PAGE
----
Santa Clara County officials said on Friday that major health care providers are giving only a sliver of their share of COVID-19 vaccinations and testing.
At a noon press conference, county Counsel James Williams noted the disparity, which he said has left many residents having to go to county services rather than their providers for the vaccines and tests. The county's announcement for other providers to step up to the plate comes at a critical time when testing and booster vaccinations are key to reducing the spread of infection and hospitalizations.
Sutter Health/Palo Alto Medical Foundation has approximately 320,000 Santa Clara County residents among its primary care patients, or 16.5% of the county population. Yet, since the vaccination program began, it has administered a total of 3.5% of all vaccines, including boosters. It has provided 2.4% of boosters and conducted only 2.4% of testing, Williams said.
Although Stanford Health Care claimed not to have figures related to its primary care patient count, a self-reported number given to the county Public Health Department showed it has 329,400 primary care patients in the county, 17% of the county's population. Stanford administered 6.7% of vaccinations, including boosters, and 3.7% boosters, to county residents.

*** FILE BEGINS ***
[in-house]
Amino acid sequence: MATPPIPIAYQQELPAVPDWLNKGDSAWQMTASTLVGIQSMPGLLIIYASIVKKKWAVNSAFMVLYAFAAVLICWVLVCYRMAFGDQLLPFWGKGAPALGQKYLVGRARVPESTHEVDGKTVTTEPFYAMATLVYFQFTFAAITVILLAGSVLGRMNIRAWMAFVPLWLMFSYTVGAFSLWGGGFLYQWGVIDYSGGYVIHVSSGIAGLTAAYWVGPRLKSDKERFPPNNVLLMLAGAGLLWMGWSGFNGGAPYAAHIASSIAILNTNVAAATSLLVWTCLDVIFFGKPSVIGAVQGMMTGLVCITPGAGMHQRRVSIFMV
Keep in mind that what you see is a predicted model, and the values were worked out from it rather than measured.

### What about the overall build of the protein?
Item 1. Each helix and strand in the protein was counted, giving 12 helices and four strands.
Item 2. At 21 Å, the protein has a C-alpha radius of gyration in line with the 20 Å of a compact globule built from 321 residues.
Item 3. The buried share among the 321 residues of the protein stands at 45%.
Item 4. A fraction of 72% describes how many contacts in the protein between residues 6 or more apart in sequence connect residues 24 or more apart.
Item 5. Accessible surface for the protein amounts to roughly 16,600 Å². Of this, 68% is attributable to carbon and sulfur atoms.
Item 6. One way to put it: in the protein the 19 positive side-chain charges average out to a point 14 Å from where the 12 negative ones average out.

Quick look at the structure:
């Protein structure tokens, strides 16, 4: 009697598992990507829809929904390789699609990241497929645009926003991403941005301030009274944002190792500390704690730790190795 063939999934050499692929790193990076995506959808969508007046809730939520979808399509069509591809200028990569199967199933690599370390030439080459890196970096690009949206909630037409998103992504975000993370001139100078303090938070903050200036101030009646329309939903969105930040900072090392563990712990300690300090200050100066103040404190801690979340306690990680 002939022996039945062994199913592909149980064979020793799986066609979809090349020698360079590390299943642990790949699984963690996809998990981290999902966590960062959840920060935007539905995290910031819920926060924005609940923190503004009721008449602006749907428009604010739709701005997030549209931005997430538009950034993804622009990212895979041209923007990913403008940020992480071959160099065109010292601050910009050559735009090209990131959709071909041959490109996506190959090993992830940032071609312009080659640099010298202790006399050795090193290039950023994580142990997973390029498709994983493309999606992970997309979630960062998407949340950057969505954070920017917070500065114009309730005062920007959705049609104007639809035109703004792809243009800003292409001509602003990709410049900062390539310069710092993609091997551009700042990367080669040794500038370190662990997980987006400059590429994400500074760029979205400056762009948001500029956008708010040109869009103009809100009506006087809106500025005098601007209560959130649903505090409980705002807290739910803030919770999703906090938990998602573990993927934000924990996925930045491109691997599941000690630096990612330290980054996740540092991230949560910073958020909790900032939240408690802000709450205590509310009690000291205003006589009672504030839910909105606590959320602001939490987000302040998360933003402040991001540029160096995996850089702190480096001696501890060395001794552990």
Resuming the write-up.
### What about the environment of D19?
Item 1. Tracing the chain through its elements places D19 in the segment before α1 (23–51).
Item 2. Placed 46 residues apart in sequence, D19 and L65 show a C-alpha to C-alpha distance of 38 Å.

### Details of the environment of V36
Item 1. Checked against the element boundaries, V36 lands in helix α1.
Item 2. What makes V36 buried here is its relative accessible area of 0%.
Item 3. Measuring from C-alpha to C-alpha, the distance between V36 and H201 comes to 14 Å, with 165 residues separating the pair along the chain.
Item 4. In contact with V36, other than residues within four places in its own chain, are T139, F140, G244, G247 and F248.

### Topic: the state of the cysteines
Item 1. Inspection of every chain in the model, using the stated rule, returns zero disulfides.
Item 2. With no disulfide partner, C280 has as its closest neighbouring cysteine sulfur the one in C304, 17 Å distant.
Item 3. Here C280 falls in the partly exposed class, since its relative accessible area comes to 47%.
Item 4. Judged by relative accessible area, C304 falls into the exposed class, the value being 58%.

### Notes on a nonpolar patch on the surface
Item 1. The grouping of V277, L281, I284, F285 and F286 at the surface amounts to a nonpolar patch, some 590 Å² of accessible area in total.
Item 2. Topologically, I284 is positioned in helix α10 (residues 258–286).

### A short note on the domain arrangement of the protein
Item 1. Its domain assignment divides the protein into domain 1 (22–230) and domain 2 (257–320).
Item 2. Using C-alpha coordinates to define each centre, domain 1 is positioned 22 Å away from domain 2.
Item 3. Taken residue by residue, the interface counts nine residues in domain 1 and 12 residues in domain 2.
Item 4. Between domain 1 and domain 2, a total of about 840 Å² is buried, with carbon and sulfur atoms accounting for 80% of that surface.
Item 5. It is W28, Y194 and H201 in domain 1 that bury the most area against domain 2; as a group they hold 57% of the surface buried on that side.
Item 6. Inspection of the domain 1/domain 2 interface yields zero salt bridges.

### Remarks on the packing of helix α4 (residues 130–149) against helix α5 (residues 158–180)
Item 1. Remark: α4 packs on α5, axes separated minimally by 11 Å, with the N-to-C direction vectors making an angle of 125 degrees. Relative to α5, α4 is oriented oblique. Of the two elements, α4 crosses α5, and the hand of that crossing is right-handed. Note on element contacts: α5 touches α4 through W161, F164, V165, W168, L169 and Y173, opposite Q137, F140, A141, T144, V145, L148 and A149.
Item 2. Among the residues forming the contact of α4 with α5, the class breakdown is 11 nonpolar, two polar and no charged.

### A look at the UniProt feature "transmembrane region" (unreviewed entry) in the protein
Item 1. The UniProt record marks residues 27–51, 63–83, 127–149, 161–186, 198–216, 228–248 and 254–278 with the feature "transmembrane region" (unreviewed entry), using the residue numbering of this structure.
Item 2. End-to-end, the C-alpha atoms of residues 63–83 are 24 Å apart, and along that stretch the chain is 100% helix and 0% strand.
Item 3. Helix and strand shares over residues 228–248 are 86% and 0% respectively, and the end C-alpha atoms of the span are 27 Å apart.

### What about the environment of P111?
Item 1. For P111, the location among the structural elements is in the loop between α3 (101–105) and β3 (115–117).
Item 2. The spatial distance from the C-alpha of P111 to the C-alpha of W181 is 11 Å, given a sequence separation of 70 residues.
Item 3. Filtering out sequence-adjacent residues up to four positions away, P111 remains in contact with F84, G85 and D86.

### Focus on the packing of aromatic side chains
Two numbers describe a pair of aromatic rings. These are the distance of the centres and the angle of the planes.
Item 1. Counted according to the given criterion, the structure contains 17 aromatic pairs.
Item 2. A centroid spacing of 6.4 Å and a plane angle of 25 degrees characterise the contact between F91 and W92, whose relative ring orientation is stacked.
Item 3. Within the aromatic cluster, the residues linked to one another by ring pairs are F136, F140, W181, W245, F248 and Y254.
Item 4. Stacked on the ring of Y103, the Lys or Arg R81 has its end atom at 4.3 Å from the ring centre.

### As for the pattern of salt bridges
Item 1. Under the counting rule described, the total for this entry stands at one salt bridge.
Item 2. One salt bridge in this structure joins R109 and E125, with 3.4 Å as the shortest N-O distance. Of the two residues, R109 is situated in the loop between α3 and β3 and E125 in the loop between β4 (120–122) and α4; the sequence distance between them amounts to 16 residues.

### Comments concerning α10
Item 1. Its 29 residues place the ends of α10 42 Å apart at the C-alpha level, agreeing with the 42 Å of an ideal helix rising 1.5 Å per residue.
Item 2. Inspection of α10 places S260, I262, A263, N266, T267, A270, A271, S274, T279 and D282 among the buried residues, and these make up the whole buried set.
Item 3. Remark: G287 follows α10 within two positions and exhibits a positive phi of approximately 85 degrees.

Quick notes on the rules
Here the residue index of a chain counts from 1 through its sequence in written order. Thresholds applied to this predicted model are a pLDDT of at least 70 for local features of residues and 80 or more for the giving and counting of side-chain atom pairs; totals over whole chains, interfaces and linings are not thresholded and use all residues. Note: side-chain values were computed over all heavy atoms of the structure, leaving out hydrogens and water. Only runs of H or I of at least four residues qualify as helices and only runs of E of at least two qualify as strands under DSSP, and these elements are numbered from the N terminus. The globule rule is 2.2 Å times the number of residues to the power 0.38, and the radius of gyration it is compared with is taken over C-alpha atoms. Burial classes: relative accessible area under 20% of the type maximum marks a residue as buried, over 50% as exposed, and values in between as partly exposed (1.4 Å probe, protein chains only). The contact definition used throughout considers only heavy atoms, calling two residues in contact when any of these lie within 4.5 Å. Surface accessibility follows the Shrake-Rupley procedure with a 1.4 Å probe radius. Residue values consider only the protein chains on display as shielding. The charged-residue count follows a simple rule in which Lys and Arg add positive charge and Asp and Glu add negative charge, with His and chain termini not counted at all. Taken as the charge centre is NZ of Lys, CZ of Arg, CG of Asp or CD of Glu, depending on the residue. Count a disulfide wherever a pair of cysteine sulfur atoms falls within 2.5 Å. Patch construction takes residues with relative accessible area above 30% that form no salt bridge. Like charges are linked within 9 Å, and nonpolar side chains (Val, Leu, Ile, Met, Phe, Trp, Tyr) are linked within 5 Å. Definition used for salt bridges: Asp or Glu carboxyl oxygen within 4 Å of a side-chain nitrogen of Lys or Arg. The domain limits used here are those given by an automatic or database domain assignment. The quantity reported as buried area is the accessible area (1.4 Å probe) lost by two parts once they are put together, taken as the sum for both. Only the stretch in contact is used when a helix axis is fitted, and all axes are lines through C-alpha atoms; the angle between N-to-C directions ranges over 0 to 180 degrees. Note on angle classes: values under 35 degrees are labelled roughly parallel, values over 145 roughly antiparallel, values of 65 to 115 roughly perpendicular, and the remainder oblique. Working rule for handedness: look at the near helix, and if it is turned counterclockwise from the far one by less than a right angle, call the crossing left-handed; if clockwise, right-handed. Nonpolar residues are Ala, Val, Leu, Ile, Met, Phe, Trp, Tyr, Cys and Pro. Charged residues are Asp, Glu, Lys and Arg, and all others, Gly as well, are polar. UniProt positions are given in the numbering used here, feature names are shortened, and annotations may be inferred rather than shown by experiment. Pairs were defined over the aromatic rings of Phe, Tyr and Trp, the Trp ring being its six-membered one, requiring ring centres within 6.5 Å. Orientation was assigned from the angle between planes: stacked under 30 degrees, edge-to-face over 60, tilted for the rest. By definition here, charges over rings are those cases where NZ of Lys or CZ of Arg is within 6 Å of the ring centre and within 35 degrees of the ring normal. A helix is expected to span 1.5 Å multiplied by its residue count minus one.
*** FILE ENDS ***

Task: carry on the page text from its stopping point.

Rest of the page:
Stanford Health Care spokesperson Lisa Kim said on Jan. 7 that the provider has now given a total of 41,500 booster doses, but she didn't know how that number broke down between Santa Clara and San Mateo county residents. Williams didn't specify the number of tests Stanford has provided and a county health spokesperson said that data wasn't readily available on Friday.
Kaiser Permanente, with 600,000 Santa Clara County members, or 31% of the county population, has provided 14.8% of total vaccinations, including boosters; it has provided 15.3% of boosters and performed 12% of testing, Williams said.
Williams didn't provide data at the press conference about El Camino Health, which has locations in Mountain View and Los Gatos, but it has 140,000 primary care patients, or 7.3% of county patients, but administered 1.4% including boosters; 0.2% boosters, according to a Dec. 17, 2021, off-agenda report to the Board of Supervisors.